Figure 3. Embodied carbon reductions are achieved through collaboration and support from a range of key stakeholders.
Manufacturers and the building industry have developed a large range of solutions and tools for making and procuring lower-carbon materials.
The current gap in policy has created a market failure where manufacturers who have invested time and money into improving the carbon footprint of their products are not rewarded for that effort. Continuing to ignore these emissions will leave manufacturers in the United States unable to compete globally as Europe and other regions continue to adopt increasingly strict climate purchasing standards.
Buy Clean policies are spreading rapidly
Buy Clean policies are spreading rapidly
The first case of Buy Clean legislation in the United States was introduced and passed into law by the State of California in October 2017. Policies are now being explored at the federal, state, and local levels across the United States (see Figure 4):
Federal: A Buy Clean program was drafted in the Clean Futures Act in 2020, and clean manufacturing programs and incentives are included in Biden’s Climate Action Plan.
State: Iterations of Buy Clean were introduced in Oregon in 2017, Washington State in 2018, Minnesota in 2019, and Colorado in 2020. A material-specific variation of Buy Clean that focused on low-carbon concrete incentives was introduced and passed in New York State (Senate Bill S8965) in 2020.
Local: Cities are adopting regional- or material-specific variations of Buy Clean, such as lower-carbon concrete procurement in Portland, Oregon. In 2019, Marin County (San Francisco Bay Area) passed the first embodied carbon building code, requiring Buy Clean-like procurement for both private and public sector projects built in Marin County.
Figure 4. Embodied carbon policies are growing rapidly across the United States. Hover over the map to see the current status of existing and proposed Buy Clean policy legislation as of December 2020.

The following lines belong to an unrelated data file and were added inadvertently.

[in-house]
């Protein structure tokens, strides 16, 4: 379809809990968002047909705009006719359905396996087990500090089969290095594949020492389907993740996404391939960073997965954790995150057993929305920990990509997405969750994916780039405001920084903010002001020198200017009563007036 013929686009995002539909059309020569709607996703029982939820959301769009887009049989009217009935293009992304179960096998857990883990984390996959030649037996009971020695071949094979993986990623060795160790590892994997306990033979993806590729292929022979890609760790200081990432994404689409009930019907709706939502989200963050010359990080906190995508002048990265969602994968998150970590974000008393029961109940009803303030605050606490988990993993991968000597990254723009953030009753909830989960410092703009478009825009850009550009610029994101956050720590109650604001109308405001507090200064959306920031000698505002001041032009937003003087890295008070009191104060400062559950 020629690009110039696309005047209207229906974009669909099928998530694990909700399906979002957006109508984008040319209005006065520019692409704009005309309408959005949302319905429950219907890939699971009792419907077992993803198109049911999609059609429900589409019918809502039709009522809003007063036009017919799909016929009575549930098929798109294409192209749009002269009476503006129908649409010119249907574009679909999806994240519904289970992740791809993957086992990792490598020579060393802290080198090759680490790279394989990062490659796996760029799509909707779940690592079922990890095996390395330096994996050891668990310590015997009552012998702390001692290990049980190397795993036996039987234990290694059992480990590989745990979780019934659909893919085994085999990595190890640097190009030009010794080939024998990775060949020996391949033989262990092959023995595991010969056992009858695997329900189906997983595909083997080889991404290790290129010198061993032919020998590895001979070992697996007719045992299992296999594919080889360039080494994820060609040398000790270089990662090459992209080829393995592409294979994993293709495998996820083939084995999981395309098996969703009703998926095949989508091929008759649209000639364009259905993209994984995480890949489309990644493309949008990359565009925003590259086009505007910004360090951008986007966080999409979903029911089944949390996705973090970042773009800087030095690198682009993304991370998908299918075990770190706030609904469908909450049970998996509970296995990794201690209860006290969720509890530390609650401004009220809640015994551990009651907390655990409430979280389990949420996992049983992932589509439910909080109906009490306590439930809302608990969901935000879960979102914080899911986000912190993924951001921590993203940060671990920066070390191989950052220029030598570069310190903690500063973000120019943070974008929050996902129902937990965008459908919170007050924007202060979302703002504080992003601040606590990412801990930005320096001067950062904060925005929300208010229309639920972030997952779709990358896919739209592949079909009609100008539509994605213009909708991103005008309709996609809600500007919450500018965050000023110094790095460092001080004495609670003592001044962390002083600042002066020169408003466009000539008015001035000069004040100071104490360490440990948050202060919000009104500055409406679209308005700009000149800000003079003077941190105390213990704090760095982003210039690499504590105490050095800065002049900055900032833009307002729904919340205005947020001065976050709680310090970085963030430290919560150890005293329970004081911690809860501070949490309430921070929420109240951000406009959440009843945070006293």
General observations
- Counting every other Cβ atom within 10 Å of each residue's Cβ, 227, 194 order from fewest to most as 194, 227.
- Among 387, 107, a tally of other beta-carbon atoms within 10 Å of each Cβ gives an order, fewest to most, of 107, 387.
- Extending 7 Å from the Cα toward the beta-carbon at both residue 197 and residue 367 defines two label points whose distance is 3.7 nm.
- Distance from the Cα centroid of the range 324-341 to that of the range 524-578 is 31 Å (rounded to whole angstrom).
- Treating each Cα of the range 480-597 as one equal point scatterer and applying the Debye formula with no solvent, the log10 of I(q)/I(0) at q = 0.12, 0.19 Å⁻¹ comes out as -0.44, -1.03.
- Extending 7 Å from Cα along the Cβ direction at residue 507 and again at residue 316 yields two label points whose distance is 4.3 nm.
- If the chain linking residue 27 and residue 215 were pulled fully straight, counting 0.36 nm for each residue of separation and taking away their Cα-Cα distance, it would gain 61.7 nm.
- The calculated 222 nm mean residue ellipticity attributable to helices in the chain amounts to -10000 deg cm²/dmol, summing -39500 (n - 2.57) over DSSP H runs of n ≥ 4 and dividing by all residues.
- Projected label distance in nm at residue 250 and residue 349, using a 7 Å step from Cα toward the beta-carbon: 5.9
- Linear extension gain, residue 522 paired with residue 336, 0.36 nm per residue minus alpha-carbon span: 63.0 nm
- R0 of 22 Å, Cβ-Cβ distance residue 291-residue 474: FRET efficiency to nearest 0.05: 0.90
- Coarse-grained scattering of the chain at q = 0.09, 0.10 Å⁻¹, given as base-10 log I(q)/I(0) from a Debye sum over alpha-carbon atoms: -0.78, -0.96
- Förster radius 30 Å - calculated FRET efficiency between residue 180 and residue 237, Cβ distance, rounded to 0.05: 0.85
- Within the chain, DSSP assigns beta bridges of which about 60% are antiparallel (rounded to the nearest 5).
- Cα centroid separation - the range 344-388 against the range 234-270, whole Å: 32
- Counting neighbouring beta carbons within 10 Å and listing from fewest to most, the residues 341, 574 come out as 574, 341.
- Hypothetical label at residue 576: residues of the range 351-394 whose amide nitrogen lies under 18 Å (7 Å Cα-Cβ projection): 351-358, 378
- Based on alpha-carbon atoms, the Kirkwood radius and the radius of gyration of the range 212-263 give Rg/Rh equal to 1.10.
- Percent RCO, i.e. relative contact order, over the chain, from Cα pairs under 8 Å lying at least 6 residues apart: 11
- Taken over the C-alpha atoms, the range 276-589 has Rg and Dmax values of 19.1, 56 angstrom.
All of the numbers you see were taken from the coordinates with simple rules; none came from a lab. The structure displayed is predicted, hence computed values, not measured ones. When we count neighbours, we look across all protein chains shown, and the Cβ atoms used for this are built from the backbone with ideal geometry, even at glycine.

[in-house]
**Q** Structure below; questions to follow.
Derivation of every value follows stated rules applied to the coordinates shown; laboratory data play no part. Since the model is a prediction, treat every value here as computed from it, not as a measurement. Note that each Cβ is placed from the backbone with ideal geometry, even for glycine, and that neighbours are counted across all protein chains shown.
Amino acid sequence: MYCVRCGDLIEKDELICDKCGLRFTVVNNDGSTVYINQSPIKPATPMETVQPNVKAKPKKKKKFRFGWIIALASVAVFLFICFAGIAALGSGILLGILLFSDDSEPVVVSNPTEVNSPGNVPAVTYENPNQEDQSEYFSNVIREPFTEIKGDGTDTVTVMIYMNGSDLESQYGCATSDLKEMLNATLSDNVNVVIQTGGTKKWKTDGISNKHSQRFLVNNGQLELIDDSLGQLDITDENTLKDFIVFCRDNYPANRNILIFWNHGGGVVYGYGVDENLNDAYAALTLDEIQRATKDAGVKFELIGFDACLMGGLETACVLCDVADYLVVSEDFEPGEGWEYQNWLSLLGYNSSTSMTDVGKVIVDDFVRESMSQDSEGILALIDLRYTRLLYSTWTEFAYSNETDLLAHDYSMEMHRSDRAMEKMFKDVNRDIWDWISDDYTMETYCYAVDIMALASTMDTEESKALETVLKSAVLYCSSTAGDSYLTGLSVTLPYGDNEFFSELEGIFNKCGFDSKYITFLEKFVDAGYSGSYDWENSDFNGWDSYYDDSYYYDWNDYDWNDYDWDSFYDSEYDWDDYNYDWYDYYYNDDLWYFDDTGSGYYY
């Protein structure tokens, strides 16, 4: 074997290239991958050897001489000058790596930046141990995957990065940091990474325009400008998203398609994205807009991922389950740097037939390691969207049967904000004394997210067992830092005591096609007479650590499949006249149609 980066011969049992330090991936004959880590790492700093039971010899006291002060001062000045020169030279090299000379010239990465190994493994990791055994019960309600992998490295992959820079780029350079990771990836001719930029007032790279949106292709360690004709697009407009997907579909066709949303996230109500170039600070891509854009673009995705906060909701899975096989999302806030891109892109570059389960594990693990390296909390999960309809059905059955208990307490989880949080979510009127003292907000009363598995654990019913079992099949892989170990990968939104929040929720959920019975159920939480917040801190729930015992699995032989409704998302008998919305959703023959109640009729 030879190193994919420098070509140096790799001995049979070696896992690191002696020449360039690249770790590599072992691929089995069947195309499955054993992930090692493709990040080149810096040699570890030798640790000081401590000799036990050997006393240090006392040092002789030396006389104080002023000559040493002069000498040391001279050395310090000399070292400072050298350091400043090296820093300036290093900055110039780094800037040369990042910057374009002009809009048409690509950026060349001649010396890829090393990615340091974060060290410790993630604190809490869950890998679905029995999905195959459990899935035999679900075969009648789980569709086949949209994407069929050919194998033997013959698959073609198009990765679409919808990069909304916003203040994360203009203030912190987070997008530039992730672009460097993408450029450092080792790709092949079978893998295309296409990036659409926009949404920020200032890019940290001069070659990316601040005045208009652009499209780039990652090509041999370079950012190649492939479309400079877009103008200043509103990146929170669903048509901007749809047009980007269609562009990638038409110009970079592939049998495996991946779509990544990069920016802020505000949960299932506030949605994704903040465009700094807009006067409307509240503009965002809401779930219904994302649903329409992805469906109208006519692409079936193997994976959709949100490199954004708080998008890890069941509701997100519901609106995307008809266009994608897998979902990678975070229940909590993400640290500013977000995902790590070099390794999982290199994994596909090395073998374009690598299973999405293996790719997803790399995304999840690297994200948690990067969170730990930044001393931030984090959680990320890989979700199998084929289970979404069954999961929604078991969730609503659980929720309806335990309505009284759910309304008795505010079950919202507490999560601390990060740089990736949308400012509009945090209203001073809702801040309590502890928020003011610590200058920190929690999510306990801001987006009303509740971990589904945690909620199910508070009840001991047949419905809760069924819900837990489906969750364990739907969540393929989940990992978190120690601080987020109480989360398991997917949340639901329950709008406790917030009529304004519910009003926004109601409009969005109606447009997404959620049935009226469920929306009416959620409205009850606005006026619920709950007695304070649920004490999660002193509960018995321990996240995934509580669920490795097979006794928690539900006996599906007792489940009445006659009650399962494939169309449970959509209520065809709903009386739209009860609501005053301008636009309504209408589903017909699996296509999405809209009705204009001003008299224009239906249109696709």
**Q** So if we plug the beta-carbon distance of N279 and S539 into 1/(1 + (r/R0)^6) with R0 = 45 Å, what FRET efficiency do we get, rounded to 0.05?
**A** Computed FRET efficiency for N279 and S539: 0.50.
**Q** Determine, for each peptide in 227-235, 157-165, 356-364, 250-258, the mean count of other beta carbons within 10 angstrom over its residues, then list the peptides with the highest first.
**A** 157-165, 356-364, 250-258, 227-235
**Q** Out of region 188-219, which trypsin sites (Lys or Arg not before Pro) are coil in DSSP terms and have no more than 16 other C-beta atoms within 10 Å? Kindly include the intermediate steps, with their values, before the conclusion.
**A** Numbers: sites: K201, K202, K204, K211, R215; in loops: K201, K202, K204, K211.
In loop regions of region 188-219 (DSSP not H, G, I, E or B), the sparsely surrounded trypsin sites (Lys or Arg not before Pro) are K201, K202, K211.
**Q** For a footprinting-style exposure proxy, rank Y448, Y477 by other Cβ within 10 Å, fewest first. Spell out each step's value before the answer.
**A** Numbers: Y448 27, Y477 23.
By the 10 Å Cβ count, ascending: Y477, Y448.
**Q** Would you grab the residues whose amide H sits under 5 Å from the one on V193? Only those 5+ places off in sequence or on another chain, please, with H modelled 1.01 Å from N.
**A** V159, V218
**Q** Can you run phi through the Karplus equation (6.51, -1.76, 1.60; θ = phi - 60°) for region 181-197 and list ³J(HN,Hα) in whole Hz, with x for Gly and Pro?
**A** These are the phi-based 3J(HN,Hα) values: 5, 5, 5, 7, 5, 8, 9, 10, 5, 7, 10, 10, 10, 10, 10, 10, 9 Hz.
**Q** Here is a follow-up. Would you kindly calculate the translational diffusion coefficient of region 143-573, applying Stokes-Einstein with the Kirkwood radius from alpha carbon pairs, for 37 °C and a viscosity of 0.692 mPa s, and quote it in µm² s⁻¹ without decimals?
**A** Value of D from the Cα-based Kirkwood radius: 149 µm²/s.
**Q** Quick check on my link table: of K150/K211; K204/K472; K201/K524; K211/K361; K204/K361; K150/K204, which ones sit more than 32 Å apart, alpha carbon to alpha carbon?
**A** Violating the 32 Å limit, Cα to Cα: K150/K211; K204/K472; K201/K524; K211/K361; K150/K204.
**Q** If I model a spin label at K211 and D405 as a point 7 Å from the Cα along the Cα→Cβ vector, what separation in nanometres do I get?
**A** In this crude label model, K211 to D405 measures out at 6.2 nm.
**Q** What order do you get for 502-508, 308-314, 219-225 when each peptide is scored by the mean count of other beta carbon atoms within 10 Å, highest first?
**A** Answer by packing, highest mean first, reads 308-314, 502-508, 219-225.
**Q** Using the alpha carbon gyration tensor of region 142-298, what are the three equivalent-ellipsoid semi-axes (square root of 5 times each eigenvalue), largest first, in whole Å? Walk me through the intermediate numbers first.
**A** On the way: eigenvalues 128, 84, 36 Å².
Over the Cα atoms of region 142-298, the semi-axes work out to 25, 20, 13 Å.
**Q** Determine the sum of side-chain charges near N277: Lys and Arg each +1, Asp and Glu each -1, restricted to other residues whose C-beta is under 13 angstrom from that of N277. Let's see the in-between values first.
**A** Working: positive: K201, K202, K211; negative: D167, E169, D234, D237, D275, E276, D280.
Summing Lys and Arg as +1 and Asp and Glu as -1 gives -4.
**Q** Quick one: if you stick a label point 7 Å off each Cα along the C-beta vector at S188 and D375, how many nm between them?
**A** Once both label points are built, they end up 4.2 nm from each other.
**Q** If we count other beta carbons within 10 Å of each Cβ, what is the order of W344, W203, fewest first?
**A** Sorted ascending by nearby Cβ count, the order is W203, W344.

Key Elements of Buy Clean Policy
Buy Clean policies are typically composed of three core elements: disclosure, standards, and incentives. Disclosure is typically required whereas the inclusion of standards and incentives varies by region. In addition to these three elements (explained in more detail below), policies must choose which materials and projects are eligible, and when to implement each requirement (learn more in Steps to Develop a Buy Clean Policy).
Many Buy Clean policies start with structural materials like concrete and steel because they have a significant carbon footprint and a large range of solutions for emissions reductions. Requirements for standards tend to be phased in over a period of two to four years to allow time for adoption.
Buy Clean policies require measurement and disclosure of supply chain emissions in the form of environmental product declarations (EPDs), which are documents that contain information about a product’s environmental impact. Requiring disclosure encourages the construction materials market to produce more and better data, which increases the quality and quantity of data available. This enables private and public purchasers to identify and select lower-carbon products based on demonstrated carbon reductions.
Possible outcomes of using disclosure requirements:
- Increased availability of EPDs
- Increased quality, consistency, and breadth of data to support future policies and research
- Procurement teams can select products based on environmental impact data
- Builds capacity of manufacturers to measure and track reductions in greenhouse gas emissions
Setting performance-based standards that set emissions (GWP) limits for eligible products allows for a technology-agnostic, market-based approach to industrial and building sector decarbonization. Emissions limits may be lowered or reviewed at regular intervals to align with climate goals.
Possible outcomes of using standards:
- Encourages domestic clean manufacturing solutions and discourages emissions outsourcing (avoids the carbon loophole)
- Encourages innovation and development of new decarbonization strategies
- Levels the playing field and rewards companies that have already invested in reducing their carbon footprint
- Supports tracking of emissions reductions (in contrast, prescriptive strategies may not necessarily result in emissions reductions)
Policies can use incentives to encourage voluntary participation, support broader implementation, or reward high performance. Examples of incentives include financial support (tax incentives or other), technical support and training, and preferential purchasing (i.e. bid incentives).
Incentives can be provided early in the implementation of a new policy through a voluntary trial period or indefinitely.
Possible outcomes of using incentives:
- Increased early, voluntary participation
- Targeted support for small businesses
- Rewards innovators and industry leaders to continue pushing low carbon solutions
- Encourages market-driven solutions for reaching climate targets in the building and industrial sectors